As I began working with school districts and teacher associations to develop support for the Kentucky Race to the Top (RTTT) application, I asked them to keep an open mind about charter schools. In most cases, my suggestion was well-received, and most people did keep open minds toward discussion of charter schools and the issues that need to be addressed.
It quickly became apparent to me that we did not have sufficient time to address the charter school issues AND develop a strong Race to the Top application. On December 7, I informed superintendents, teacher leaders and school board chairs that our RTTT application would not include charter schools.
As most of you know, we were able to pass legislation (House Bill 176) to include four turnaround options for low-performing schools, and among those options we did include the ability for a local school board to contract with an Education Management Organization to run a school. This option should help Kentucky with some of the criteria points in the RTTT application.
The question now becomes – What do we do now? The charter school debate has not ended, it has only just begun. My guiding principle with regard to charter schools or any innovation in education is simple. How will the innovation help students learn at higher levels and enable teachers to meet the needs of more students?
The debate moving forward should not be “do we have charter schools or do we not have charter schools.” We should never force ourselves into a corner of either/or. We should avoid the tyranny of OR and focus on the synergy of AND. There are some possible ways that charter school legislation could help improve teaching and learning in Kentucky. That is the solution we should all be looking for, rather than polarizing ourselves into one corner or the other.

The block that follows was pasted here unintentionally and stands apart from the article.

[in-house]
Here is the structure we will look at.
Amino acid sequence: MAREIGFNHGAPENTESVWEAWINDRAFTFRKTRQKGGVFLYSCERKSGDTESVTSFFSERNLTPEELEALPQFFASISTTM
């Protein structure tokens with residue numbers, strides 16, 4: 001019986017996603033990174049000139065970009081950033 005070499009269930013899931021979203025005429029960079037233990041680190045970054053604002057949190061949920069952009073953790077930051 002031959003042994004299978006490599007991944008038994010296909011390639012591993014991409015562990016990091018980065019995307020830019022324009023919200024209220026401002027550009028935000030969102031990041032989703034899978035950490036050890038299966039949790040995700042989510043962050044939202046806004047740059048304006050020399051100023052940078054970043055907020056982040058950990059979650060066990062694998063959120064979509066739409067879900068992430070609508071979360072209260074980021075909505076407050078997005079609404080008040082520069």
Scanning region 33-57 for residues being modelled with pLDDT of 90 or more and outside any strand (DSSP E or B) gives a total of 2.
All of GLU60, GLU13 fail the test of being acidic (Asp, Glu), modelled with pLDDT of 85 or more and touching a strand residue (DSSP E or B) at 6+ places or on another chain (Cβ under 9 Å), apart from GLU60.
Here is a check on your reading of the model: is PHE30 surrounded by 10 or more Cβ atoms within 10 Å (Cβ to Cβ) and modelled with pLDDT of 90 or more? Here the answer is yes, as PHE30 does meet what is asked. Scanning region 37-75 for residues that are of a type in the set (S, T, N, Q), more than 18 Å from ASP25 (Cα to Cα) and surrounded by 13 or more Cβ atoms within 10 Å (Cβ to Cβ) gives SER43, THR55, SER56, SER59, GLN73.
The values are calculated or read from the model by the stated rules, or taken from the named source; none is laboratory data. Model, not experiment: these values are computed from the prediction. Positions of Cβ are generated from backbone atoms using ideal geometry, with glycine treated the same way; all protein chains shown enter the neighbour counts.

The Kentucky Department of Education will be working with legislators and other decision-makers at the state and local levels to engage in a positive and focused discussion on how school boards could utilize some type of charter legislation to enable schools and districts to remove barriers to teaching and learning.
We should be focusing our questions on how a school board could utilize charter legislation to develop innovative programs that focus on mastery and student performance rather than seat time. We should focus the conversations on how school boards could partner with internal and external groups to utilize charter legislation to address the needs of students who are not achieving in traditional settings. We should focus the conversations on what innovations in technology could be utilized in a charter setting to create next-generation schools.
The common theme in all of these questions is the focus on improving teaching and learning with the support of local school boards. My favorite reminder when difficult issues come up is that we need to focus on the children’s needs and not let the adult needs get in the way of our focus. I have every confidence that Kentucky can have this discussion and, in the end, reach agreement on legislation that is in the best interest of the children.